The Detroit Lions largely ignored their need at pass rusher in the 2018 NFL draft. Despite it being the biggest hole on the roster last spring, they neglected to address it in the first two days of the draft.
In the fourth round they finally made an addition to their pass rushing arsenal, when they selected Alabama defensive lineman Da’Shawn Hand.
Hand was the No. 1 recruit in the nation in 2014 coming out of Woodbridge High School in Northern Virginia. Many expected him to commit to the University of Michigan, but he surprised the college football world by joining the Alabama Crimson Tide.
He was largely ineffective in Tuscaloosa, only racking up 71 combined tackles and nine sacks. Hand did stack up some hardware, though, leaving for the NFL as a two-time national champion and three-time SEC champion.
Not much was expected out of the rookie in year one, but he proved to be a star. He was the most effective pass rusher on the Lions defensive front and was the best interior pass penetrator to wear a Lions uniform since Ndamukong Suh.
His stats don’t jump off the page, only being credited with 27 combined tackles and three sacks before his season ended with a late-season knee injury. He did notch two forced fumbles, though.
While Hand was drafted as a defensive end out of Alabama, he primarily played on the interior of the defensive line in his rookie year. Before the arrival or Damon Harrison Sr. midway through the year, Hand played a lot of snaps at nose tackle.
He was very effective when he rushed from the nose. Hand is incredibly strong and is great off of the snap. He uses his hands well and is able to come off of the snap fast and get beneath the pads of his opposition. The rookie gets inside leverage and has the strength— and effort—to collapse the interior of the pocket and force the quarterback to drop into a more vulnerable spot.
On this play against the Green Bay Packers, he beats a double team from the nose position to chase down quarterback Aaron Rodgers and force a fumble.
Hand is able to quickly get across the body of the center on this play and drive between the center and the guard who comes over to help. He is able to swat away the arms from both, and once the center goes elsewhere to help, Hand has already dispatched the guard and has a free run at Rodgers.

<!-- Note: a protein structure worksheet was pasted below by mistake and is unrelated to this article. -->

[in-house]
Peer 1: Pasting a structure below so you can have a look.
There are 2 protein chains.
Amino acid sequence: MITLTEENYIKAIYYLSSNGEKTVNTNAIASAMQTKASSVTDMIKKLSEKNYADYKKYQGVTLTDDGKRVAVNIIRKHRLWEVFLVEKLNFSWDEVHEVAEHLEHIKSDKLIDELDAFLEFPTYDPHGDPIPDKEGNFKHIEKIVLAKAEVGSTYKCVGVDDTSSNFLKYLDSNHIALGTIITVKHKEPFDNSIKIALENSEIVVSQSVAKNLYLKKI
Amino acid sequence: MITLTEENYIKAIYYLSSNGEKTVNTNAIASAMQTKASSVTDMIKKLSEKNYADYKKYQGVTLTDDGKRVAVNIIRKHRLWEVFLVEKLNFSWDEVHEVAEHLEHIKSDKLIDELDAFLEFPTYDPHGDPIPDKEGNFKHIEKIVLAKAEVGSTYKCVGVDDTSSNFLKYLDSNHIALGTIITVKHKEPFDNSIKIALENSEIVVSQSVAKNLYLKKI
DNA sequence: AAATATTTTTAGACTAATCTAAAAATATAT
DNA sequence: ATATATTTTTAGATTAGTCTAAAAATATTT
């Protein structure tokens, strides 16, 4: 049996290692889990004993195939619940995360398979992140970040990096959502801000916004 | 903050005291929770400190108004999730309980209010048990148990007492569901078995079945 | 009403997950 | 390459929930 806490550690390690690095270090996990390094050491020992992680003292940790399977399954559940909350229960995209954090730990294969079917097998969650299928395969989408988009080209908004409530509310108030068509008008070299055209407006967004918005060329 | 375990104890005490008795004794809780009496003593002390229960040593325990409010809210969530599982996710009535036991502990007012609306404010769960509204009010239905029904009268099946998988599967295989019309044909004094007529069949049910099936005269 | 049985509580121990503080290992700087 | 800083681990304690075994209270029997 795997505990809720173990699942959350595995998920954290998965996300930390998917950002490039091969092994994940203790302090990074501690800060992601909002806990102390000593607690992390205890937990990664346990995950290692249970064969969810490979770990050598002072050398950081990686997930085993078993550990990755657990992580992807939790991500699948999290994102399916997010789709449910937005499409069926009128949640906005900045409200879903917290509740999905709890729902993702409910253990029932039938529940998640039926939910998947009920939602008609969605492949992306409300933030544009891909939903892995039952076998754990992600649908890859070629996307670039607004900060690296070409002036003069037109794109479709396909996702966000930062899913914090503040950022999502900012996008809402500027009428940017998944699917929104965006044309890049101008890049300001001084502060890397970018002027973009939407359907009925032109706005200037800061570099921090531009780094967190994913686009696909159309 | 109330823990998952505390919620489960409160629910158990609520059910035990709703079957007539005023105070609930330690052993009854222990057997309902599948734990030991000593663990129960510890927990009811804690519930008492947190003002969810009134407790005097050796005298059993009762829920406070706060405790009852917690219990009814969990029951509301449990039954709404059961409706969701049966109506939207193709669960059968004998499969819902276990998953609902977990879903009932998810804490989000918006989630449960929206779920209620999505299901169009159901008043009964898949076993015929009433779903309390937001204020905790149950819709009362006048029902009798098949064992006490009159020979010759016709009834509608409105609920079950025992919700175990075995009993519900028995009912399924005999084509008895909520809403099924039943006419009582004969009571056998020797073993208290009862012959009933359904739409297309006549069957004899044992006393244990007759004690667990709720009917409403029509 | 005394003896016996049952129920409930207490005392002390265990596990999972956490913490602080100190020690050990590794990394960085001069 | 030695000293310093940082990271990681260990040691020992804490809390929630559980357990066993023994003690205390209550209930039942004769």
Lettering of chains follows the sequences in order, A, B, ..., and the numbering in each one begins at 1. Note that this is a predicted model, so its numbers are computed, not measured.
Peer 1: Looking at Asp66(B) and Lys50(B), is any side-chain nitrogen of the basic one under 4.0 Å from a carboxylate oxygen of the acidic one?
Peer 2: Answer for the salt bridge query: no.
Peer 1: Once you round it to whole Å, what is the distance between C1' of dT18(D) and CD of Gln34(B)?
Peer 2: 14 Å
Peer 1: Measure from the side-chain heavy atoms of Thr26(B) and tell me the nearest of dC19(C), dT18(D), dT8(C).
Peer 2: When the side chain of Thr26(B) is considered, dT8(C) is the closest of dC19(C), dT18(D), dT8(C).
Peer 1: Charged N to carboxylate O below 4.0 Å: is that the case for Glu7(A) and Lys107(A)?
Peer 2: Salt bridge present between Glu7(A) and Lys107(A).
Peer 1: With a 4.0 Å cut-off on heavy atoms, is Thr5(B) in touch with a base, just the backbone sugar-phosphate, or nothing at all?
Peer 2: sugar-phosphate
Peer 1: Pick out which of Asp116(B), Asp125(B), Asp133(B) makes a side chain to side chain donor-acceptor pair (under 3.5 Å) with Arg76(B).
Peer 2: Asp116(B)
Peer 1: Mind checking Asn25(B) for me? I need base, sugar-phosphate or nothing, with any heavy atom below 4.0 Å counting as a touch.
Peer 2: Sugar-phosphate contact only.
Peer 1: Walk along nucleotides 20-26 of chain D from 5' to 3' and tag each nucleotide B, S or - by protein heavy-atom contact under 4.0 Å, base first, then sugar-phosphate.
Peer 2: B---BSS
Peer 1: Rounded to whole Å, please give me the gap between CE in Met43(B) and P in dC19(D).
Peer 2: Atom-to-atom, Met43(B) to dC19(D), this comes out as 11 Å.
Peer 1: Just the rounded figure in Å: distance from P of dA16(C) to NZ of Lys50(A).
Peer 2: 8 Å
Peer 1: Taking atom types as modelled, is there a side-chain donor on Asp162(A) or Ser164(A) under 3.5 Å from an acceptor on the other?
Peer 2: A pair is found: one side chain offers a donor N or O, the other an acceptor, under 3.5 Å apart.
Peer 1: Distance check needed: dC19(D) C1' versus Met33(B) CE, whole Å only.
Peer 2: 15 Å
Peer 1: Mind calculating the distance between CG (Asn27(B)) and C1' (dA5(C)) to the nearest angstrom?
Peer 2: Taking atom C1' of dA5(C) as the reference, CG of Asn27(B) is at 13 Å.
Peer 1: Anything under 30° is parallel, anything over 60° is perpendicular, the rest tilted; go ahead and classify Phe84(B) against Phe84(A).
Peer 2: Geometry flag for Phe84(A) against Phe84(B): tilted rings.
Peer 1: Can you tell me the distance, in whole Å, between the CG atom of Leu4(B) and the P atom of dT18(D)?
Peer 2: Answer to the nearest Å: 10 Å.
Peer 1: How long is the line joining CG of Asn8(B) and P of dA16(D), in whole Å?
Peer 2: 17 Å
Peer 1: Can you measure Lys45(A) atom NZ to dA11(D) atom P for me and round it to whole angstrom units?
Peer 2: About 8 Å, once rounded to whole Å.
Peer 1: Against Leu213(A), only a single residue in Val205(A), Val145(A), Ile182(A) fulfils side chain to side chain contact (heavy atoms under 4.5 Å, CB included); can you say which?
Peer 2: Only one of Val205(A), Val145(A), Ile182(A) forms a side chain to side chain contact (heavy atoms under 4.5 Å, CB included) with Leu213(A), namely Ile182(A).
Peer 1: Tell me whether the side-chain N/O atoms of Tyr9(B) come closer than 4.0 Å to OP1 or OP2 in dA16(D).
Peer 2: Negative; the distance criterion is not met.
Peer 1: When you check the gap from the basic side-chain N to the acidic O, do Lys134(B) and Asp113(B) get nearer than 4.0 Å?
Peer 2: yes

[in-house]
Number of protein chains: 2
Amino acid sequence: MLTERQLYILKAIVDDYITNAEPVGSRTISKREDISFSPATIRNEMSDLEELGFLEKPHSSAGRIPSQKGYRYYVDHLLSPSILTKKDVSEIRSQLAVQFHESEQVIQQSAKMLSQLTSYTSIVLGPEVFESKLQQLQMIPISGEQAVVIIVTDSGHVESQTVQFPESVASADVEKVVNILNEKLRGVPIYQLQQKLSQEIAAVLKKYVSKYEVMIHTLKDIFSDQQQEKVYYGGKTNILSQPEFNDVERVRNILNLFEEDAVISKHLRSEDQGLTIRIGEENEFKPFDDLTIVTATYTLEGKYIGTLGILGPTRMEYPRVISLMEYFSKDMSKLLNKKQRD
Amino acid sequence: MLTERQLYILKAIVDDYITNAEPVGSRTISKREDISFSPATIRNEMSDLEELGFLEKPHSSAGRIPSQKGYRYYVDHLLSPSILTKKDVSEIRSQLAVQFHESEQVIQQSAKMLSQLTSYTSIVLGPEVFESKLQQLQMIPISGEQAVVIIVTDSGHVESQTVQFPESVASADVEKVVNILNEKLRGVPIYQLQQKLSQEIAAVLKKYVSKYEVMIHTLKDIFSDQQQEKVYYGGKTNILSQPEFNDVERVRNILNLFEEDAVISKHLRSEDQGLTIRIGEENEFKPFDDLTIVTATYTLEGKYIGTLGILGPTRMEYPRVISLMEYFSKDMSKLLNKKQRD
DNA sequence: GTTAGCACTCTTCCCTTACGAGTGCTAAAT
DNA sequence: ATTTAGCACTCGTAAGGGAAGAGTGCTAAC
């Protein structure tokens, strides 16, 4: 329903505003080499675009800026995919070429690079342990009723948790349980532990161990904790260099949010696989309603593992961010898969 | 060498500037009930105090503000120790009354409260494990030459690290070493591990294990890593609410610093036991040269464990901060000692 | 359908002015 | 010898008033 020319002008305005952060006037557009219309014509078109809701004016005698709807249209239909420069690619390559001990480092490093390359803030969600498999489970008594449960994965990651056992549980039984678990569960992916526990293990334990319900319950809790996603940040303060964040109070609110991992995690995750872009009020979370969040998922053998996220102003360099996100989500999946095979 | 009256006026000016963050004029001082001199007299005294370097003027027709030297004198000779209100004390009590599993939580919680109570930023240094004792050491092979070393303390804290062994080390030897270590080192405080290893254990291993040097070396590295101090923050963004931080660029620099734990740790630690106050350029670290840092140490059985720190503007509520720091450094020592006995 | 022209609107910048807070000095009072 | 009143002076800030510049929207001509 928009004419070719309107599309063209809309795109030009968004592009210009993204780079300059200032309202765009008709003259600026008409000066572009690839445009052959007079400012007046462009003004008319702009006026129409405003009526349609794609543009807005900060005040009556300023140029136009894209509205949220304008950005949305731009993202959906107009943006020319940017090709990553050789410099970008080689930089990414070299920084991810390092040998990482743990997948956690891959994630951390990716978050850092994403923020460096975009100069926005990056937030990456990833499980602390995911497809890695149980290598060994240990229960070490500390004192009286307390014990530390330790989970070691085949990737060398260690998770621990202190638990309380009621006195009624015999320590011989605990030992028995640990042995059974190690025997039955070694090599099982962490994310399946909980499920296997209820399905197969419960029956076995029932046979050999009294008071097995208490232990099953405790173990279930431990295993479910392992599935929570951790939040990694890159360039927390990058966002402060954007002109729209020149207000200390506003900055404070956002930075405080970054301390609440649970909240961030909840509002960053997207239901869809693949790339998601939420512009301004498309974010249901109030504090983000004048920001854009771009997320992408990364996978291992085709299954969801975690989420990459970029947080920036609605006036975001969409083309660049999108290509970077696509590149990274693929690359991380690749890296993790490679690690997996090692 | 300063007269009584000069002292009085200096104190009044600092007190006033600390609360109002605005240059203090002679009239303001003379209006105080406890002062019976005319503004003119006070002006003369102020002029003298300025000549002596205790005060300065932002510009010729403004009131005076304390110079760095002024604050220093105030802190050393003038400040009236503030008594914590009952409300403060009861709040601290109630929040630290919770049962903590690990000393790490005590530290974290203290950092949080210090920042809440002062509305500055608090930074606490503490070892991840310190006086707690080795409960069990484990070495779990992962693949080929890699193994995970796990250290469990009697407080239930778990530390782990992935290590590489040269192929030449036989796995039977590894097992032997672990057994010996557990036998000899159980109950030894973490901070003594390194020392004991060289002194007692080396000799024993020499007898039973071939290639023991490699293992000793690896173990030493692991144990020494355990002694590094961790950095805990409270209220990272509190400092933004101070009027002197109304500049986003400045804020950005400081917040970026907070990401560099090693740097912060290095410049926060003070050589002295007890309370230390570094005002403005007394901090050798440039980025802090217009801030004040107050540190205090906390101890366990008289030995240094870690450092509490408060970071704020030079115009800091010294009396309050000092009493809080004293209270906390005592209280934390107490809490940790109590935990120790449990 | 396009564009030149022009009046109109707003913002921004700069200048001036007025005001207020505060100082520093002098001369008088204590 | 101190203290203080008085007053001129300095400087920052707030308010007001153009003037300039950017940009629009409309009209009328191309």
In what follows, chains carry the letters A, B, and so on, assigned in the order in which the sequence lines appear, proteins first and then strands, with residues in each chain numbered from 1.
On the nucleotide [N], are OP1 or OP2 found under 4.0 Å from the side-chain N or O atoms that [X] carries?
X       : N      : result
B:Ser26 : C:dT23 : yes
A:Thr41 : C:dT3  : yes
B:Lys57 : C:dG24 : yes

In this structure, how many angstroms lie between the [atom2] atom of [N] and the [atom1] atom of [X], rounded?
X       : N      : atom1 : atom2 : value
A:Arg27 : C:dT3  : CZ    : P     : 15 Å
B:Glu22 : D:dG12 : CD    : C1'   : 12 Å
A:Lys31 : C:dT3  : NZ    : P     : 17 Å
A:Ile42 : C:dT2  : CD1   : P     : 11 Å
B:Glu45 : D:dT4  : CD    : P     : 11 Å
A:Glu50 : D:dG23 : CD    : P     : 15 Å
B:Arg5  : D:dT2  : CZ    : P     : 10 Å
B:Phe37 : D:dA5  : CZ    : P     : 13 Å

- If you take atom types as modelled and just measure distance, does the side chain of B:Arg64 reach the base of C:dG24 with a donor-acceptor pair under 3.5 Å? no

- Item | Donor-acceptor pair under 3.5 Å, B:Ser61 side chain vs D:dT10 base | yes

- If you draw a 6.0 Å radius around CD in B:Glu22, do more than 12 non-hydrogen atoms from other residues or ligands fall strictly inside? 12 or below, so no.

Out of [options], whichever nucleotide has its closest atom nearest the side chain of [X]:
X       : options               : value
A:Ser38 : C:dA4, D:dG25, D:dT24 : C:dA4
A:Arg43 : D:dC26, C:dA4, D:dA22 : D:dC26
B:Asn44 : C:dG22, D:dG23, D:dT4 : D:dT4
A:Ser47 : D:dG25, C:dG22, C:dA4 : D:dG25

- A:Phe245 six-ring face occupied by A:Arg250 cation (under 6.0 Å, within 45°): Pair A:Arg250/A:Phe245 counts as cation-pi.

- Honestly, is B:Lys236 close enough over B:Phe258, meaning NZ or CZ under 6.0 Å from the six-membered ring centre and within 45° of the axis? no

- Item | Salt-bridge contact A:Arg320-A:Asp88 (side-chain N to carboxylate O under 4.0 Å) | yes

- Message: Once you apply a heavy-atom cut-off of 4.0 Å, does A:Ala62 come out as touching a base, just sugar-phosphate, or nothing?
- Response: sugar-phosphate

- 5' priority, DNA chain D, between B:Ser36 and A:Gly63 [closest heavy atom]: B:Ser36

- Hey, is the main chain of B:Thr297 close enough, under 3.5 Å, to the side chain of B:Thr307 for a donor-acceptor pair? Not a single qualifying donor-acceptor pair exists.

He is effective from other positions on the interior as well. On this play against the Seattle Seahawks, he bursts into the backfield after rushing from 1-tech, forcing quarterback Russell Wilson into a tough throw:
Hand comes off of the snap fast and attacks the center’s left shoulder. He get beneath the lineman’s pads and drives him back before the right guard can come around and help on the double team. The defender is able to quickly get deep into the Seahawks’ backfield and then throw the center into the ground. He gets a free run at Wilson and forces the quarterback into a tough, low percentage, throw.
The rookie is versatile. He can rush from anywhere on the defensive front, including on the edge. While he performs better rushing from four point stance inside, he can be effective as a stand-up rusher on the edge.
On this play against the Packers, he manages to contain Rodgers, which seemed to be the gameplan that day, and eventually beats two offensive lineman to flush the quarterback out of the pocket.
Hand comes off of the edge on this play and is able to drive the tackle back far enough to not allow the quarterback any room to his right. A second blocker arrives to double Hand, but he is eventually able to use his great hands to disengage, get into the pocket, and flush out Rodgers.
While the rookie does not have the bend to be a consistently effective edge rusher, he has the strength and relentlessness to cause havoc on the edge. He never gives up on plays and is never content being blocked. His hands never stop moving, always prying for an opening.